The 1950 advertisements said it all: "An entirely standard production Jaguar Super Sports XK120 was timed at 132.6 mph by official observation." That wasn't exactly true; the record car had a higher axle ratio, along with a single aero screen, a metal tonneau cover, and an underpan for aerodynamics. Handmade 1948-49 aluminum-body XK120s were dream cars materialized, so desirable that the planned 200-car run extended to 240 units. Made in pressed steel from 1950 to 1954, XK120 production topped 12,000.
The true top speed was barely the 120 mph suggested by its name, yet nothing else at the time came close. Steel roadsters cost $4039 in 1951, when the average U.S. price of a new car was $1500 and a new house cost $9000. XK120 styling was clearly a crib of the pudgy 1940 BMW Mille Miglia, but not-yet-Sir William Lyons made his design longer, tauter, and more dramatic, a true icon. It looked wonderful with rear fender skirts and even better without them for wire-wheeled XK120Ms. The supremely elegant but too-slim grille led to overheating everywhere outside damp Britain. A coupe was added to the range, then a "drophead coup" with roll-up windows.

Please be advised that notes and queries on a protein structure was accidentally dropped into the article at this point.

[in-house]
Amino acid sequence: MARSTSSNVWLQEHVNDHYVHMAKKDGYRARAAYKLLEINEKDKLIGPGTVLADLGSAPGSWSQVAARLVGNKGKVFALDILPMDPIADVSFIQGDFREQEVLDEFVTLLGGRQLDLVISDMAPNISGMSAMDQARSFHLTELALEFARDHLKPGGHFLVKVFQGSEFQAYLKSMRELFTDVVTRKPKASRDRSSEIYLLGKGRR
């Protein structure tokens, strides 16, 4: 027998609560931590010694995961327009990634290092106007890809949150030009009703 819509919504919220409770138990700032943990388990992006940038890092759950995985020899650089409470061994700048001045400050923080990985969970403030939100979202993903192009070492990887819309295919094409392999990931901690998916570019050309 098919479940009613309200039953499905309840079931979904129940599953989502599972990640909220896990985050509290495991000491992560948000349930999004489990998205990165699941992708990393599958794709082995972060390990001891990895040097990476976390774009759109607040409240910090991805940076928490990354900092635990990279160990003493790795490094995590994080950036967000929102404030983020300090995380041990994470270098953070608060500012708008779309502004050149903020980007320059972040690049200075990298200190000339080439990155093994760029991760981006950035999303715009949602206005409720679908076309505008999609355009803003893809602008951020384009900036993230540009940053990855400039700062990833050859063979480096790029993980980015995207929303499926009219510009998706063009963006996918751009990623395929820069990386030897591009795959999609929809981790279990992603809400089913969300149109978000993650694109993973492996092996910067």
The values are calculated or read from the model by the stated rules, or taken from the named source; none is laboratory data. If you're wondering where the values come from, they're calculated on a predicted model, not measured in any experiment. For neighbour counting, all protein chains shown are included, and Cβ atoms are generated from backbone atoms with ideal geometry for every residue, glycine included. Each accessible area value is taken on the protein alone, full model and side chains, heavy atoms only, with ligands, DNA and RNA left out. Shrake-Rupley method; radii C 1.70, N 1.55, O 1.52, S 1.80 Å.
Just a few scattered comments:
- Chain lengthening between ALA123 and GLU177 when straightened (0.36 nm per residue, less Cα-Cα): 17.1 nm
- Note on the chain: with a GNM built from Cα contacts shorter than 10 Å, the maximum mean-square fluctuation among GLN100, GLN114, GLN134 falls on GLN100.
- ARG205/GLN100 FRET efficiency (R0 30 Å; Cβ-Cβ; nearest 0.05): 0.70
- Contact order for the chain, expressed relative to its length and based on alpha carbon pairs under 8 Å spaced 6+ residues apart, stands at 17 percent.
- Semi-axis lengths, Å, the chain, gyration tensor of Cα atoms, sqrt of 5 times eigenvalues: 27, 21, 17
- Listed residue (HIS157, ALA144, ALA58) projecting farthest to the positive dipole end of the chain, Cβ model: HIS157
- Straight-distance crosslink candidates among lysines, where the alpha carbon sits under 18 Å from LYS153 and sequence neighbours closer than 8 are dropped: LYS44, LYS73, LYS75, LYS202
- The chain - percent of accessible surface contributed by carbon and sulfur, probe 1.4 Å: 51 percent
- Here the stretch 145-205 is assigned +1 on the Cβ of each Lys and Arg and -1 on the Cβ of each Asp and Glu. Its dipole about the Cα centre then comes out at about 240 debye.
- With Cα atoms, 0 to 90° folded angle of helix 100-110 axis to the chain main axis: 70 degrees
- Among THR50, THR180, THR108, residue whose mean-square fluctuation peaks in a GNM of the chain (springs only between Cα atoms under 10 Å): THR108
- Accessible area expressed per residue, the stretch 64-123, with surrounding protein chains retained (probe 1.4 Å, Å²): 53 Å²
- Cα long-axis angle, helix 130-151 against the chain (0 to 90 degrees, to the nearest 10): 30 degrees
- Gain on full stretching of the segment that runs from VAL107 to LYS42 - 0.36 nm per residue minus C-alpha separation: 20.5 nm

The XK120's twin-cam six-cylinder won Le Mans five times in the XK120 C- and D-type prototypes. The XK120 inspired the Chevrolet Corvette, which copied all its salient dimensions and was a major influence on sports car design for a decade. XKs moved Jaguar from being a small player in the British home market to a major force in the world, the marque most envied by rivals and most cherished by owners unbowed by dismal reliability.